The Inkjet MICR News Keeps On Coming

Jim Hamilton
Nov 3, 2009

What is it about magnetic ink character recognition (MICR) that has made it such a hot topic recently? There have been at least five MICR announcements involving high-speed color inkjet in recent memory:

  • Océ started the trend with its announcement of MICR capability for JetStream in October of 2008. The JetStream implementation was the first in a high-speed color inkjet device to use a fifth color implementation of a MICR inkjet ink.
  • In September of 2009 HP announced a technology alliance with R.R. Donnelley that includes joint development around inkjet MICR. This will assure that a MICR option will be available for HP’s T300 Inkjet Web Press.
  • At Print 09 InfoPrint added MICR inkjet ink capability for the black station of the InfoPrint 5000 (InfoPrint also had other MICR activity at the show with cut-sheet toner products through its partner Rosetta Technologies).
  • At Print 09 RISO (in partnership with Kirk-Rudy) announced an in-line MICR accessory for the HC5500. This new accessory was announced at the same time as a new envelope feeder.
  • In October Kodak announced a MICR option for the Versamark VL series that will be available in the first half of 2010 (more on this below).

What is MICR? It’s a special print technology that can be read extremely reliably by an automated reader/scanner. MICR is most commonly used for payroll, personal, and other bank checks but it is also used in direct mail applications for courtesy check printing as well as to track the return of inbound fulfillment envelopes. Not all countries use MICR printing, but it is important in North America, some European countries, parts of Latin America, and India. In the United States, the Check Clearing for the 21st Century Act (widely referred to as Check 21) regulates the use of electronic scans and replacement checks, and has a direct impact on the use of MICR.

MICR printing is nothing new in the types of transaction and direct mail environments that have been using toner-based, continuous-feed, monochrome digital printing solutions for decades. What is relatively new is the ability to use high-speed inkjet devices to print MICR. Assuring that the printed result is dark enough and reliably machine readable using an inkjet ink is no simple task, which is why it has taken a while for MICR to appear in high-speed color inkjet products. The recent flood of announcements shows how important MICR is for the buyers of these systems.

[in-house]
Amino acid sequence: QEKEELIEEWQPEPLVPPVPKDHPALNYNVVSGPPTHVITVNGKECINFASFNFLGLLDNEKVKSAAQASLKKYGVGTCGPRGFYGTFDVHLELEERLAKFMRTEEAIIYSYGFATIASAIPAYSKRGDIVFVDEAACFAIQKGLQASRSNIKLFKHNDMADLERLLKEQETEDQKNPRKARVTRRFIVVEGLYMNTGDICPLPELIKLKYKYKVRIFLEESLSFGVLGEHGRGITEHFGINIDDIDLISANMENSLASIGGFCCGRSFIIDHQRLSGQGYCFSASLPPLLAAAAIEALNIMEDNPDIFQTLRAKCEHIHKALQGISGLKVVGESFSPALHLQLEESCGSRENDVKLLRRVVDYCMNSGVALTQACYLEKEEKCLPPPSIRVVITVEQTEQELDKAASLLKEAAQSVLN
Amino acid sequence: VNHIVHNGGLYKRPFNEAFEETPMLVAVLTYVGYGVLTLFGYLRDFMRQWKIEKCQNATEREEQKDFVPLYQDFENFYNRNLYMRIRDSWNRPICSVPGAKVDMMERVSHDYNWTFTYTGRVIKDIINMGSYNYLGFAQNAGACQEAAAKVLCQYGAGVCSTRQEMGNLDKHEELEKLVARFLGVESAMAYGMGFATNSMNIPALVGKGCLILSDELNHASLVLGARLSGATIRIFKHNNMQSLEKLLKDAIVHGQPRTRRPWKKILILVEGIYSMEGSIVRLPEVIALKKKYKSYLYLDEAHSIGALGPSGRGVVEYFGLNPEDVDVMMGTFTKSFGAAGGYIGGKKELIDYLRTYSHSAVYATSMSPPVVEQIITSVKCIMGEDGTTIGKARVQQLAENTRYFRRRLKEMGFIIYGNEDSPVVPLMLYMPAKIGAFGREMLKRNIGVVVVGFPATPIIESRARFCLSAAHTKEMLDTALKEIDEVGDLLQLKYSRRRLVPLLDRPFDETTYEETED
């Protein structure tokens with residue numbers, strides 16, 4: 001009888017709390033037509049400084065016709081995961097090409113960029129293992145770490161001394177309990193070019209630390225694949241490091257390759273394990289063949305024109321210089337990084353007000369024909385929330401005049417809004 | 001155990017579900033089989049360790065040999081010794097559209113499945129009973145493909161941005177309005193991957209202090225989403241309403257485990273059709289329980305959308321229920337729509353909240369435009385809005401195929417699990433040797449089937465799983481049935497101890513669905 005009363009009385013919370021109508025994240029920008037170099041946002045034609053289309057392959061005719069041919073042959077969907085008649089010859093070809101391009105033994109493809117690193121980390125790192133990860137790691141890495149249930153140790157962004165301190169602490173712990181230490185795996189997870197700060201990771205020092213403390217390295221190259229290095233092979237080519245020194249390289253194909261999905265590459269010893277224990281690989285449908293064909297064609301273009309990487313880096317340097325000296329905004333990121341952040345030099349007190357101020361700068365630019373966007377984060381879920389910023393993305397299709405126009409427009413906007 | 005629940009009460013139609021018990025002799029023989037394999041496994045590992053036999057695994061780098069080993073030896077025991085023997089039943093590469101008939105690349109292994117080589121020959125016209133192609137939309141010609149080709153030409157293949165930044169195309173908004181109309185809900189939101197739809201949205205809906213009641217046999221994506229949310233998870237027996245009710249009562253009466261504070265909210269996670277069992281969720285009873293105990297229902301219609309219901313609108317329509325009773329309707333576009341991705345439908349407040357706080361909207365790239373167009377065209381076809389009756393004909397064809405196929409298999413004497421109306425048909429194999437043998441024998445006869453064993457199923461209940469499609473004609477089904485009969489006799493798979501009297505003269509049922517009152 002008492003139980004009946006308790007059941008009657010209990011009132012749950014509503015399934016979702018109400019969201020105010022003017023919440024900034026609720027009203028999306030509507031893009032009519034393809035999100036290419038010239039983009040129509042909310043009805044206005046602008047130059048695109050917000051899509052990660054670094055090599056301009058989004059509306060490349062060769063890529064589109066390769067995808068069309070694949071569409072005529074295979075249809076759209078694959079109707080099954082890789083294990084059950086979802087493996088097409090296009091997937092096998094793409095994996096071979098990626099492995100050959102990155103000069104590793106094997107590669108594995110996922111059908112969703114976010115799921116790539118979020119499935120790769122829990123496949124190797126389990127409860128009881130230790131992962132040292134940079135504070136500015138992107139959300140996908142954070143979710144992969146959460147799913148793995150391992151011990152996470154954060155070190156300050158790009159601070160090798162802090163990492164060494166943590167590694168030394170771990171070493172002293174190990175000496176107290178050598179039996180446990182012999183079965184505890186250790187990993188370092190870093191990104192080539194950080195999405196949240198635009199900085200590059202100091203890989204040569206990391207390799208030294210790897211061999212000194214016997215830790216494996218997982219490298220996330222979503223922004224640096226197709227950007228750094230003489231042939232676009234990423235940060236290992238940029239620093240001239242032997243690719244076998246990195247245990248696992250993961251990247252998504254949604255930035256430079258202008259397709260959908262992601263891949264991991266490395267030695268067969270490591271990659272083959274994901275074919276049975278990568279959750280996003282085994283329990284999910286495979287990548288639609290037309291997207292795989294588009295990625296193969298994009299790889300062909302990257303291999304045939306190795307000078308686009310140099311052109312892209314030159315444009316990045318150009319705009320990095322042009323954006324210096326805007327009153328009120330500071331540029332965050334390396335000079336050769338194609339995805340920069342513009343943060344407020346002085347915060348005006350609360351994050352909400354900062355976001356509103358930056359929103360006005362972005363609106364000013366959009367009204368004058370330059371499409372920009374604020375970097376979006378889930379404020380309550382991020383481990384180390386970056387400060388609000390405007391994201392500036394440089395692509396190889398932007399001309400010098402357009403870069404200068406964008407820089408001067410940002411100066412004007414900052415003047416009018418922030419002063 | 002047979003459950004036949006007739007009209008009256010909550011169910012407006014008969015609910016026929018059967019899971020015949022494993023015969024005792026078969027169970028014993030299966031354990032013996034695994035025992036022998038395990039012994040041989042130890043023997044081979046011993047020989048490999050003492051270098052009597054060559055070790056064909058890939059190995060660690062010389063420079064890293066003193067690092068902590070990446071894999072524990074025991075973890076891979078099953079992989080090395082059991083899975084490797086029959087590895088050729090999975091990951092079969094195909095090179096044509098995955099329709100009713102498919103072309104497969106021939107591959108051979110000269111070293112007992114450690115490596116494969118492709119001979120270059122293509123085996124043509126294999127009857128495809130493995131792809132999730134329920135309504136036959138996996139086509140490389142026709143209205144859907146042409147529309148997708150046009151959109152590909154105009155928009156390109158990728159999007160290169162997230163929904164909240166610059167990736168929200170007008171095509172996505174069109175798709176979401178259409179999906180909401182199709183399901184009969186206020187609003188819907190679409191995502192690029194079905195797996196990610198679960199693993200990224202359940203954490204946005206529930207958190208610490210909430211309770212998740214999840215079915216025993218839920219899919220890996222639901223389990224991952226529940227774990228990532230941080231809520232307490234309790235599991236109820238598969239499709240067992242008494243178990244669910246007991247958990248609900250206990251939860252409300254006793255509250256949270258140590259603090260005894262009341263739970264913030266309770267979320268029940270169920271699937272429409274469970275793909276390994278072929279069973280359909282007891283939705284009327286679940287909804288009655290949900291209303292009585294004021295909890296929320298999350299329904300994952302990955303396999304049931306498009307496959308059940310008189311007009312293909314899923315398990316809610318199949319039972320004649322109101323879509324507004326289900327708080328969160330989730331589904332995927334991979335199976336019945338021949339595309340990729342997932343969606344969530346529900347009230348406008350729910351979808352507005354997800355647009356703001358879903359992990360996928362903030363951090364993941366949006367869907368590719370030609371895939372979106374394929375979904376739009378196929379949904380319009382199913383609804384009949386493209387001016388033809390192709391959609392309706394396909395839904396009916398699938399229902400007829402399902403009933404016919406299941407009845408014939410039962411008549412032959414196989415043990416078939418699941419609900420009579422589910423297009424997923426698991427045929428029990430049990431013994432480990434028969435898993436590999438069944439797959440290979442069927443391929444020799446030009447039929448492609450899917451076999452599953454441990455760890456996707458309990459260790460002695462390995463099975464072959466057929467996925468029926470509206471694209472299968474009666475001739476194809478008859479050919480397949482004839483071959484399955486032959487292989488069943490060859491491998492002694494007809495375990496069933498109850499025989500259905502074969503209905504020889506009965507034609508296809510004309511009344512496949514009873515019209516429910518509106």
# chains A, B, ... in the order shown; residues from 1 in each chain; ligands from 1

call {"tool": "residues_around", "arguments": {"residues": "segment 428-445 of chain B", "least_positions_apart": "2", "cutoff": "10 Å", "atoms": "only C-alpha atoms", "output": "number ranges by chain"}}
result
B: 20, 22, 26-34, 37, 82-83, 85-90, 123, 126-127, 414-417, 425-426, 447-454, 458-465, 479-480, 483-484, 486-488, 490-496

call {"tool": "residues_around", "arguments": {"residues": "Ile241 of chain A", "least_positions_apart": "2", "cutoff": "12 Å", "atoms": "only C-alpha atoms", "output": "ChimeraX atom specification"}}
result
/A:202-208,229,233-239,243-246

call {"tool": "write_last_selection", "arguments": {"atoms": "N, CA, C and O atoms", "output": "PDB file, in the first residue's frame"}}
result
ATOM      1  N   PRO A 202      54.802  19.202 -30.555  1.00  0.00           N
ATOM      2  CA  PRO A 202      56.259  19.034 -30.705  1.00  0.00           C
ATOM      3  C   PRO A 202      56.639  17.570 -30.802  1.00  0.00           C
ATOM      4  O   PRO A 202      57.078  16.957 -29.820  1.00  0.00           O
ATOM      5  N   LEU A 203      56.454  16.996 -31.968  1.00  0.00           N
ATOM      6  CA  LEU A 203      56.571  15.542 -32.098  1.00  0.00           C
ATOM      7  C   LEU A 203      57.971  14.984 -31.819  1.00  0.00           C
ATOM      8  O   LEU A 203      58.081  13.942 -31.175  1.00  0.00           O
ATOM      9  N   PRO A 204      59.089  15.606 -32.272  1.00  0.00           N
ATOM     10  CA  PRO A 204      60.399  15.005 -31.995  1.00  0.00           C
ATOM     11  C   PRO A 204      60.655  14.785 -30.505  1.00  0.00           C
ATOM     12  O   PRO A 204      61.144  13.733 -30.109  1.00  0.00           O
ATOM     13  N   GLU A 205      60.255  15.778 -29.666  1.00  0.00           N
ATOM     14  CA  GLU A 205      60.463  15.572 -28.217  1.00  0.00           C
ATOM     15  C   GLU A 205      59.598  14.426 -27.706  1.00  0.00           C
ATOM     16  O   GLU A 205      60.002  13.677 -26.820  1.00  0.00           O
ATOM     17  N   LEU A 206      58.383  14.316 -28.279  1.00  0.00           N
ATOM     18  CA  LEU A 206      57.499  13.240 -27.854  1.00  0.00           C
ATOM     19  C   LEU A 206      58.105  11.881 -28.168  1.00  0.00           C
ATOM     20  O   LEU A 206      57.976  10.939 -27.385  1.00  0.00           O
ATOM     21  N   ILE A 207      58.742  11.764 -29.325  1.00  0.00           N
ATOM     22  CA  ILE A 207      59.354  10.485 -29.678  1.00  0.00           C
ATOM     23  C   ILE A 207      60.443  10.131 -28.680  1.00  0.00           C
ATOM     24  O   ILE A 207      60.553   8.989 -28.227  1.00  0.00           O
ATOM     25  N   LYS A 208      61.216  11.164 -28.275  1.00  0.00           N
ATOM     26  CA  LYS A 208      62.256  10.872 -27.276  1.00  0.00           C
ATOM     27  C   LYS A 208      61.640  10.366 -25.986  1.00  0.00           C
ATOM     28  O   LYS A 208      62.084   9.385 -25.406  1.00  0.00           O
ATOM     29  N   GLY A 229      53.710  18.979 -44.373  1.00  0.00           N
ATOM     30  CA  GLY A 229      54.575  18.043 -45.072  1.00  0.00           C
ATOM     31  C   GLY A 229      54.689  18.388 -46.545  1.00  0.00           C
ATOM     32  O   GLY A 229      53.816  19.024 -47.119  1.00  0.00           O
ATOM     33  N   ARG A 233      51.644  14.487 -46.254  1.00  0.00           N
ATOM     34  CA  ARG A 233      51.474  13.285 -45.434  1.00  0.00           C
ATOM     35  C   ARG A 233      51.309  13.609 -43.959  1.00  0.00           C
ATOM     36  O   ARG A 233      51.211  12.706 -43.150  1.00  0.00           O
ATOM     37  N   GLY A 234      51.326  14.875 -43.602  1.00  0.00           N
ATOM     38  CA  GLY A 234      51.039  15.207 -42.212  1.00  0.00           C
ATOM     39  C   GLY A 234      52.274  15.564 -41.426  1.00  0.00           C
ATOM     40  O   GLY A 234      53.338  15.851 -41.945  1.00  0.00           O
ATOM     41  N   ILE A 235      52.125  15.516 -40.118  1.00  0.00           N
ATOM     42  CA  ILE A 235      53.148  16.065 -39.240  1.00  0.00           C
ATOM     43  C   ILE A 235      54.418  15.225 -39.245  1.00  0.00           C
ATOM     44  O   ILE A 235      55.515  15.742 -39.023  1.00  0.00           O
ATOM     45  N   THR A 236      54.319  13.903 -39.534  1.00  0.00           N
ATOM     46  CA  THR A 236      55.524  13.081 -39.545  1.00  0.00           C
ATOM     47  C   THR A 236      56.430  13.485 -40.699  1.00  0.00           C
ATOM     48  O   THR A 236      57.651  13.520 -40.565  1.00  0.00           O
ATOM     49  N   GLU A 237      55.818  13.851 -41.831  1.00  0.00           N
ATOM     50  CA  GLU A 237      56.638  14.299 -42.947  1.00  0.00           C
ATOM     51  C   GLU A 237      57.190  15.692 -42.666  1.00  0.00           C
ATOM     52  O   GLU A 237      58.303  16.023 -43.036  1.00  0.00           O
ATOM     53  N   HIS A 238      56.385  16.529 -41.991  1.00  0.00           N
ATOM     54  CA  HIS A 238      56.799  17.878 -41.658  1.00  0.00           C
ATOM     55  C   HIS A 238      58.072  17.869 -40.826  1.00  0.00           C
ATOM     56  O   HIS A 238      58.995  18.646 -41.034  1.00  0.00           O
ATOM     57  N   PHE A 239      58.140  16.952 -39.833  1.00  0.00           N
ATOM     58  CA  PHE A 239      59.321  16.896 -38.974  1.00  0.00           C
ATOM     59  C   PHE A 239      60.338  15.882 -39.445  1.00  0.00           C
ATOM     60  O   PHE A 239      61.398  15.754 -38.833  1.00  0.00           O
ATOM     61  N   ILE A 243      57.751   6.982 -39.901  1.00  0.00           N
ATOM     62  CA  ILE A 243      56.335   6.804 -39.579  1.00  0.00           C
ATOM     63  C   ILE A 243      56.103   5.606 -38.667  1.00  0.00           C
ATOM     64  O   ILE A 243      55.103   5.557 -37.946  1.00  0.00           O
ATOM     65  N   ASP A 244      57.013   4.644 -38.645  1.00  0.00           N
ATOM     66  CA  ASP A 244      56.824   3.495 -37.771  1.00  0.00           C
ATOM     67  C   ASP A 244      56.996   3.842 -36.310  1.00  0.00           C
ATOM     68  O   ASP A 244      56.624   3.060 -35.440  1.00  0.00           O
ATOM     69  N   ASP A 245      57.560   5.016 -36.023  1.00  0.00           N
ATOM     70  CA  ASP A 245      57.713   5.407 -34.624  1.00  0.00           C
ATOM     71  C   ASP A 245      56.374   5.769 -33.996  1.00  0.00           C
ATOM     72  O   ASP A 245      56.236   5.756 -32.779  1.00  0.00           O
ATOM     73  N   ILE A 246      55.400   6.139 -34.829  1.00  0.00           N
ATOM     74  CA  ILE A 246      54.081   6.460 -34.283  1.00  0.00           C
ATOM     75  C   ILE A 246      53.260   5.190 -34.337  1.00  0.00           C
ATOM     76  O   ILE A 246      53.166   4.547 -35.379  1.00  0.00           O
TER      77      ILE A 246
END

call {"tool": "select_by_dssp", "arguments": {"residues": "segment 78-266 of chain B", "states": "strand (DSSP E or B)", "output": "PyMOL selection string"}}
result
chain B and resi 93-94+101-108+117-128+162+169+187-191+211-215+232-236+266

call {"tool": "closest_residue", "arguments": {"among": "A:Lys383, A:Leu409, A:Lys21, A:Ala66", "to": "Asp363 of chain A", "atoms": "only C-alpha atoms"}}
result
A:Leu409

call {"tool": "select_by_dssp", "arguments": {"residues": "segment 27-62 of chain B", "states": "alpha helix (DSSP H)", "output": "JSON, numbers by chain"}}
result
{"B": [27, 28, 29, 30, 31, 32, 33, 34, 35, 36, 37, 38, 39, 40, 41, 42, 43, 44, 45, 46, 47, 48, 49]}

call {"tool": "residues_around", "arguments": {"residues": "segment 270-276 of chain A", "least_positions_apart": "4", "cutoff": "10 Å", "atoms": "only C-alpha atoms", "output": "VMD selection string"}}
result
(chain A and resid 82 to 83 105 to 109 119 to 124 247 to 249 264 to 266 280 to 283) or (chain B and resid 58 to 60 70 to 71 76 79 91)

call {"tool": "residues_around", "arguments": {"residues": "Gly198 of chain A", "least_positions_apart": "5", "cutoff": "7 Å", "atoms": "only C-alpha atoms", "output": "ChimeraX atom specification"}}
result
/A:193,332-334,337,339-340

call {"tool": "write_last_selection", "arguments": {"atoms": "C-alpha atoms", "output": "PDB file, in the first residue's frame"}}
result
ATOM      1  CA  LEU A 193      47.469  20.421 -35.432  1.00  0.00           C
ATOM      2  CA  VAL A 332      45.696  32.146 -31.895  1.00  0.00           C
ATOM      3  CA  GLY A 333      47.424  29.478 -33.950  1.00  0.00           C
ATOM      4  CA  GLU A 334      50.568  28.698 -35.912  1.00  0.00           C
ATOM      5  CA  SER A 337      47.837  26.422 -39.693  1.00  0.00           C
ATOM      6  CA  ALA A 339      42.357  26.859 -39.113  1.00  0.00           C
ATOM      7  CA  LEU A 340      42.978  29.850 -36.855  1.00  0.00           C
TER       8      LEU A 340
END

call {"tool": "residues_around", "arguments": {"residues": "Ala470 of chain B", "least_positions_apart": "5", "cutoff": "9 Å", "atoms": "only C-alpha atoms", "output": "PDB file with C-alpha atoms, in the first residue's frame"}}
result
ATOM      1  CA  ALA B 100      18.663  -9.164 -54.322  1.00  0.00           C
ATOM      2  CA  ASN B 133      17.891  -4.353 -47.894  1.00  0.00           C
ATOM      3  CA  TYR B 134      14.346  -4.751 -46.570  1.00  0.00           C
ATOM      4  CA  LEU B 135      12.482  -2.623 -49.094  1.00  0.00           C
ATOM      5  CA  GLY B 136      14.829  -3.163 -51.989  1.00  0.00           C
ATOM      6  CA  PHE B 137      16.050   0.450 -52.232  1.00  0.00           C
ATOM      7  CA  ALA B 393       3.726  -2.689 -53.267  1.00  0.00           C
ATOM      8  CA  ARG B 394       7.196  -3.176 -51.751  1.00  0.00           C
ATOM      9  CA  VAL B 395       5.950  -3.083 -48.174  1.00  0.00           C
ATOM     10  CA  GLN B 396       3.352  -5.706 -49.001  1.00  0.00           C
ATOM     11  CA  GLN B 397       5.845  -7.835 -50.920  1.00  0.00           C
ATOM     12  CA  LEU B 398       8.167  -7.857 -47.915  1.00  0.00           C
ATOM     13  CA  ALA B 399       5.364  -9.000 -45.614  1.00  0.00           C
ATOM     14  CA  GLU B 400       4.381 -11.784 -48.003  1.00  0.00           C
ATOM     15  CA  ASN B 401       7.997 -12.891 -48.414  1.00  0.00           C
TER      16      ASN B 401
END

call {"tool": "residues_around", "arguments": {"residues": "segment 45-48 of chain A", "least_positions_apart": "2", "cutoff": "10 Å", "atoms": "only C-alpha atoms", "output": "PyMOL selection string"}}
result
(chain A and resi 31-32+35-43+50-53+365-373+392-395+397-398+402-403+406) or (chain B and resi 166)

Another interesting aspect of MICR inks and toners is that they generally cost more than regular black inks and toners. For this reason MICR is sometimes employed via an extra print station that makes it possible to print only the required areas using the MICR inks or toners. If this happens in a separate module then it also becomes important to ensure that the proper alignment/registration is maintained. If this happens alongside the other print heads, such as in an implementation that uses a fifth station, good alignment is generally assured. In either case one benefit of a fifth station is that the MICR inks can be applied only where needed.

The cumulative weight of all these MICR announcements is what finally convinced me to blog about it. Kodak’s press release was the last straw. It caught my eye not because of what it said, but because of what was left out. You wouldn’t know by reading the release that it was about an inkjet MICR solution. I went through the release twice trying to find a hint of whether the solution was toner or inkjet. I assumed it was toner because since 2005 (at least) Kodak has had a relationship with Nipson to provide MICR capability in line to high-speed Versamark inkjet units with a monochrome MICR solution. It wasn’t until I talked to Kodak that I learned the real story.

Kodak’s new MICR solution for the Versamark VL uses inkjet inks that are jetted through the same type of heads as the process colors. The new solution is supported in Kodak’s Versamark VL 2000/2200 and VL 4000/4200, but not in the faster VL 6000/6200. This is because of the way the technology is implemented. There simply isn’t enough room in the VL 6000/6200 because it uses the extra space for CMYK heads that ensure the 600 by 600 dot per inch resolution and 492 feet-per-minute speed of Kodak’s top-of-the-line Versamark VL product. Kodak also quietly announced a security ink solution for the Versamark VL series. This is implemented in a similar fashion to the MICR solution. In fact, the two could even be employed together.

In closing I’d like to address an issue of pronunciation. How do you say MICR? There is some difference of opinion on that point. I always say “my-cur” because it’s how I first heard it. Truth be told, some people prefer “mick-er.” I suppose there’s a case for “mick-er” if you pronounce the “I” like it’s spoken (as in “ink”). Nevertheless I’m sticking with “my-cur” if for no better reason than that it just sounds right to me. If these product announcements are any indication, you’ll be hearing a lot more about MICR (however you choose to pronounce it).

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